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Construction Projects Targeted by Watchdog
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For failing to meet environment impact assessment (EIA) targets eight construction projects have been blacklisted by China's environmental watchdog.  


The move came as the State Environmental Protection Administration (SEPA) wrapped up its first round of investigations into the EIAs of 2,453 projects approved to go-ahead during the 10th Five-Year Plan period (2001-05).


Luliang Coking Plant in North China's Shanxi Province, the worst offender, built coking ovens in 2003 and 2004 with a total annual production capacity of 600,000 tons.


The inspection found the plant hadn't undertaken an EIA. It also failed to build the required treatment facilities for wastewater that was being discharged into a local river running into the Yellow River.


The plant hadn't built the required coal gas purification system and ground dust removal station. Two other newly built ovens which went through EIA testing failed.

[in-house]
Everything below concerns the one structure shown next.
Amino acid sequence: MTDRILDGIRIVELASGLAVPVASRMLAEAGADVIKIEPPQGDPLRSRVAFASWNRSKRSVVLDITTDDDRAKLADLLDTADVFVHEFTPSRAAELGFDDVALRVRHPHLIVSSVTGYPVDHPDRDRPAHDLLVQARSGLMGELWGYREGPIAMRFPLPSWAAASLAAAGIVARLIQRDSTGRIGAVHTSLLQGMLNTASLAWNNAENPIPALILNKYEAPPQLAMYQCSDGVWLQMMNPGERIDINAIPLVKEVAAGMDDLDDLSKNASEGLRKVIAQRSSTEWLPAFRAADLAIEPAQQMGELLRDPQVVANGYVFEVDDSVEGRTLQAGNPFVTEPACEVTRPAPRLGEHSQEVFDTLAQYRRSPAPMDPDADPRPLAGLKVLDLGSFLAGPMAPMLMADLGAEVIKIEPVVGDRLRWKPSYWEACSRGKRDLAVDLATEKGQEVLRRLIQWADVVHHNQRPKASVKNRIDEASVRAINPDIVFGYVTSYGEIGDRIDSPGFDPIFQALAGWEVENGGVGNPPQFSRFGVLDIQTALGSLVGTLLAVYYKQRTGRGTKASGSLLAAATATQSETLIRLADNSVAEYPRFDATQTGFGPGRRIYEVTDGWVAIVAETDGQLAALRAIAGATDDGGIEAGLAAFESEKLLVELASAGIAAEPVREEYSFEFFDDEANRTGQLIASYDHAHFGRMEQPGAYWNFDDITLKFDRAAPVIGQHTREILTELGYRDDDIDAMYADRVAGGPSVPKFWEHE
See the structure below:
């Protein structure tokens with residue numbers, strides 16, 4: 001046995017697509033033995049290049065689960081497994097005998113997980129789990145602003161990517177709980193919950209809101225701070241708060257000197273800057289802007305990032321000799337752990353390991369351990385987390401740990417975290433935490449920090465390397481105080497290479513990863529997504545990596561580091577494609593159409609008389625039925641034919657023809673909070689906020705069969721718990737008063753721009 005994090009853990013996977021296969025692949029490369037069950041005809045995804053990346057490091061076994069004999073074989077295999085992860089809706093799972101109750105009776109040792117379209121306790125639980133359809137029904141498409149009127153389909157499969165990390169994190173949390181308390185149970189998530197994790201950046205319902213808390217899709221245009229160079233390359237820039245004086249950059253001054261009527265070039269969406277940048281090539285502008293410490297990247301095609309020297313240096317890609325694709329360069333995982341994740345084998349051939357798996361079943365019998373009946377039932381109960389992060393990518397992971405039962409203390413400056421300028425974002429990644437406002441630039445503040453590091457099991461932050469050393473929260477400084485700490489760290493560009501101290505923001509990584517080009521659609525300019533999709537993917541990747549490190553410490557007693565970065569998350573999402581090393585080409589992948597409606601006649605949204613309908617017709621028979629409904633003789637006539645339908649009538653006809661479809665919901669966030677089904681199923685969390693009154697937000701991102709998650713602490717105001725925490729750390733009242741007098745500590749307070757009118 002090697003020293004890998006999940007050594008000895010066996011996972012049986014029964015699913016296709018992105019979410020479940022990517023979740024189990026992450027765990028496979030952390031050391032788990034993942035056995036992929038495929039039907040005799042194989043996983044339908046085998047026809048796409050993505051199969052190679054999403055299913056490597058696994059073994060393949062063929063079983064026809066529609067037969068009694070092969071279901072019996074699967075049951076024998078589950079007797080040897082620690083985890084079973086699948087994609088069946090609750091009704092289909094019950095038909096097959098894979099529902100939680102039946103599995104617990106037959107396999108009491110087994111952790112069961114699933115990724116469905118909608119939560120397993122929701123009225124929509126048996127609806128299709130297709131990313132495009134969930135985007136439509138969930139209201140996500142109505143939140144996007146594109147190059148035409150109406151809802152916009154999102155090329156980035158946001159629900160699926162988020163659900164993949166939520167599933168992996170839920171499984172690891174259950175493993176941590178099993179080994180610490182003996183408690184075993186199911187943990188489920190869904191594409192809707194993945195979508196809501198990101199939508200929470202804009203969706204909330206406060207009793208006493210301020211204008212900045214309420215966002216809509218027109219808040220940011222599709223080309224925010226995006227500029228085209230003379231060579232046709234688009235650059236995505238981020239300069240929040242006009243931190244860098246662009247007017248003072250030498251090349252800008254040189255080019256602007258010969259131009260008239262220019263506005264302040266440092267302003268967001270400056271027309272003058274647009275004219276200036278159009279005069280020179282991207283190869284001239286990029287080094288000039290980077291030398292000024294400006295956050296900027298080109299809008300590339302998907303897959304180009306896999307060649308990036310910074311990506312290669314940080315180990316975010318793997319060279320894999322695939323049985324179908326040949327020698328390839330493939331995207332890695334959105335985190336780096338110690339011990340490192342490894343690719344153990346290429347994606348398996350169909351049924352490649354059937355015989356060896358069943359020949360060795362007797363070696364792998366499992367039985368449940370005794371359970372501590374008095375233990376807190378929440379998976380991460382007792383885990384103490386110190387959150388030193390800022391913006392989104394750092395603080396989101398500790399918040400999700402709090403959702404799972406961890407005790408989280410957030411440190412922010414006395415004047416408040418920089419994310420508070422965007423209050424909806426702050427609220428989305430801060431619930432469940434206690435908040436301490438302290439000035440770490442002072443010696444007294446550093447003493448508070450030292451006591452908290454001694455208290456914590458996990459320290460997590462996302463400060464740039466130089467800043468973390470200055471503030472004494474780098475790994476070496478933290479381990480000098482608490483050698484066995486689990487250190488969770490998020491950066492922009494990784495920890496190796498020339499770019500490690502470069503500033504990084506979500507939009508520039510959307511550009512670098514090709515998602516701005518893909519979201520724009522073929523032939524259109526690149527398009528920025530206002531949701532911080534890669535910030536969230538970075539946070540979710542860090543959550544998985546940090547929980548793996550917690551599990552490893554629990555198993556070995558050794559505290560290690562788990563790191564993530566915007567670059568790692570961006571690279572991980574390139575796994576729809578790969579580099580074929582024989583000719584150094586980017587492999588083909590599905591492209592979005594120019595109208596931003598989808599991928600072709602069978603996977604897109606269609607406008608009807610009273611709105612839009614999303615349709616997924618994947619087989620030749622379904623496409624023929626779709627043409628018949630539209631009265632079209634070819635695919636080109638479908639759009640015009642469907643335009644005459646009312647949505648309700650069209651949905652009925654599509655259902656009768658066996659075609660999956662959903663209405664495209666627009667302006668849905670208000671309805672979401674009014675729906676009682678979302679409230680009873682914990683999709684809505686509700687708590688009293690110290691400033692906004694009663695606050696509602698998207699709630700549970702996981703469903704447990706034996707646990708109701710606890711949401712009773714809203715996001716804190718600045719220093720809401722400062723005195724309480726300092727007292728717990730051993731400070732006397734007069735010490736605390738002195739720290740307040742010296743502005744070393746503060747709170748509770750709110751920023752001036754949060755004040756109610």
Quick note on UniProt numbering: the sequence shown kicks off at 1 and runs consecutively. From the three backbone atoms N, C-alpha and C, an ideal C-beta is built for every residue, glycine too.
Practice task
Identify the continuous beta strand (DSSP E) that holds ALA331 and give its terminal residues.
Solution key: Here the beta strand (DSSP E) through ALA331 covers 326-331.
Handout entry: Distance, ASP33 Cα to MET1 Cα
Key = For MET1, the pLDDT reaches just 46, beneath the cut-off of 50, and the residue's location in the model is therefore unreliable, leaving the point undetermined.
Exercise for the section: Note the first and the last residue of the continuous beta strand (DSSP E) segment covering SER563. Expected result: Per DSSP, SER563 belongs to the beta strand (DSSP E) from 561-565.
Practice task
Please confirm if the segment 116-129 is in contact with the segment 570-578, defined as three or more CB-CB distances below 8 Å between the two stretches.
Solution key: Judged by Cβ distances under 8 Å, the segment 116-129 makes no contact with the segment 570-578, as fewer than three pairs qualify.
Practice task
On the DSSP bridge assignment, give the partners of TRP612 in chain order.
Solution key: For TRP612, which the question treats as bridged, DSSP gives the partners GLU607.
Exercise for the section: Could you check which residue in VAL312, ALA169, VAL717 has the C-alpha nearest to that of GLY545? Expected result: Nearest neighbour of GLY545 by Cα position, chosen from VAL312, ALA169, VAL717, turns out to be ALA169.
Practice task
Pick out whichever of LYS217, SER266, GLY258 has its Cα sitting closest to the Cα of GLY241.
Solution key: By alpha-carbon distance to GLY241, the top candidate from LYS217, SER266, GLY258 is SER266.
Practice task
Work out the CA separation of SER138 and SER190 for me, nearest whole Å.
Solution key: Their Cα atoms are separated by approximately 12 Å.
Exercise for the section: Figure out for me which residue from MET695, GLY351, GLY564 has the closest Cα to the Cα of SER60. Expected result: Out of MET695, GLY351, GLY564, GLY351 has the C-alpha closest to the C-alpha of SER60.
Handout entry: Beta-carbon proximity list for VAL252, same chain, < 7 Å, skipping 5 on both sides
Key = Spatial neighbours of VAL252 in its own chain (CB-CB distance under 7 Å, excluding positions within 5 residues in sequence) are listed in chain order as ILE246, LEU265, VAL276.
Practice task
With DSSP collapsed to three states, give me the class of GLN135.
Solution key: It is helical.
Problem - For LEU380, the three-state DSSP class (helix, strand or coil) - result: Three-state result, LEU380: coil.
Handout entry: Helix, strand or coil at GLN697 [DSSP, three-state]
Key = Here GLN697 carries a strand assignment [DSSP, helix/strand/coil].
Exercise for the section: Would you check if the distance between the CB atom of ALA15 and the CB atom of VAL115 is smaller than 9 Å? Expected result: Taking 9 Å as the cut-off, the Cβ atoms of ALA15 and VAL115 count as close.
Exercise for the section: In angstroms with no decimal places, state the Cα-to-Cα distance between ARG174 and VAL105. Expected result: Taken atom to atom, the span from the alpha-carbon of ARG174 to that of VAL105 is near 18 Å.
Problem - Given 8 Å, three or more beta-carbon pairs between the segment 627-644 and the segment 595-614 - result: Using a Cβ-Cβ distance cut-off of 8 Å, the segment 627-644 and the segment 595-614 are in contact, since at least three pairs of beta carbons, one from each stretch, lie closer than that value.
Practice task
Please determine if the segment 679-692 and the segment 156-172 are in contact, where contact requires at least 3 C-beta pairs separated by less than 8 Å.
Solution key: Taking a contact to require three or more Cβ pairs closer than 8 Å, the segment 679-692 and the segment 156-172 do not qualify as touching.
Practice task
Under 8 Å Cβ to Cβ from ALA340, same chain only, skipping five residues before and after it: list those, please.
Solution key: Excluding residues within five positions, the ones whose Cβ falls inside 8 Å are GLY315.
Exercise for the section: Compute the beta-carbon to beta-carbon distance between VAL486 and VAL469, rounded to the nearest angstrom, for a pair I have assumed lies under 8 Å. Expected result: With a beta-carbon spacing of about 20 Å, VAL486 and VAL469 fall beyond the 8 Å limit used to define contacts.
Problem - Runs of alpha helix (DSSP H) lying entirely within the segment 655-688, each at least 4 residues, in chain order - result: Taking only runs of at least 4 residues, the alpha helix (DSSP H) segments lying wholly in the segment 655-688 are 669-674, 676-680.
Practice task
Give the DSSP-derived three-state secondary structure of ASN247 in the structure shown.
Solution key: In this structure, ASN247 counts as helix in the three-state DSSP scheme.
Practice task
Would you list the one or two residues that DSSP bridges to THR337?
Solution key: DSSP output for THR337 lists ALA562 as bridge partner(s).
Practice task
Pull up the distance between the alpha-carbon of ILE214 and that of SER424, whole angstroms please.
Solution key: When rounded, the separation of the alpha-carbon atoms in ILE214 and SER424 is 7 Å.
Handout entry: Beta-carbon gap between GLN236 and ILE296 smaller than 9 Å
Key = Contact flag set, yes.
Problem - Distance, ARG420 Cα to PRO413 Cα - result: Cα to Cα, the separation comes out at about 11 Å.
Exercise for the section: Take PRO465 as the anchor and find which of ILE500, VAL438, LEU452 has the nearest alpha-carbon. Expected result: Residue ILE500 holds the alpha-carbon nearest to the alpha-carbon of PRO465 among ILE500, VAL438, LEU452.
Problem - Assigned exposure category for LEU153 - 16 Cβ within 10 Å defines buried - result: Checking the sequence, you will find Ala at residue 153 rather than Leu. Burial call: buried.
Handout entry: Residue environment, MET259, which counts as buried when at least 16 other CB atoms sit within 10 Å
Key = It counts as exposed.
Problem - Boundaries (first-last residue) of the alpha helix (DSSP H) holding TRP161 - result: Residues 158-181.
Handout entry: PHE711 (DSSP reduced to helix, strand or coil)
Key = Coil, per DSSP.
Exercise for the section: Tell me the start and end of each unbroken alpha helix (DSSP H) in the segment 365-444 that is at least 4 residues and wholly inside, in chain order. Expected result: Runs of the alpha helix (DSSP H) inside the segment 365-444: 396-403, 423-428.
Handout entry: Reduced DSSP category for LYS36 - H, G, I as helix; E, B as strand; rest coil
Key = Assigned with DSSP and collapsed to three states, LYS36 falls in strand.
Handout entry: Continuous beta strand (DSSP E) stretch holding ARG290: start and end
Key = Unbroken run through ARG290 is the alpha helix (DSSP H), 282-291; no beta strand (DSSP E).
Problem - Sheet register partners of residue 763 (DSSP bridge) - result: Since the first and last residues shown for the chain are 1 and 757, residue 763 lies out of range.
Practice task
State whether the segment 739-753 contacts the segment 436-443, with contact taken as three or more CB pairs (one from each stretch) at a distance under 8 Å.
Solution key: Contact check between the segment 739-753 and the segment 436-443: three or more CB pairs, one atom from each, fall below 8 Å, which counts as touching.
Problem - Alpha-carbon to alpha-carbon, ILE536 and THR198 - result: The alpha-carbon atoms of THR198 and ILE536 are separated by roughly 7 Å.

The coking plant has been ordered to suspend operations. It'll be given limited time to bring operations up to standard and if not it'll face further punishment, SEPA said.


Another infamous project on the blacklist is the first and second phases of Shanghai's outer ring road. The project was criticized in 2004 by SEPA for failing to build sound-proofing on the first phase. The problem hasn't been solved and the second phase, completed in 2003, also lacked effective noise control.


"High energy consumption and seriously polluting projects have been launched blindly by local governments in recent years," said the SEPA spokesman. "The main reason is that local governments pursue fast economic growth but neglect the price of environmental destruction. They did not support the EIA."


SEPA said the full inspection results would be made public by the end of this year.


The other six blacklisted enterprises are: Zhanhua Power Plant and Shandong Haihua Co Ltd in East China's Shandong Province; Jiangyou Power Plant in Southwest China's Sichuan Province; Tangshan Power Plant in North China's Hebei Province; a section of the Yongjin Highway in East China's Zhejiang Province and part of the highway from Qingdao in Shandong Province to Yinchuan in the Ningxia Hui Autonomous Region.


(China Daily October 13, 2006)


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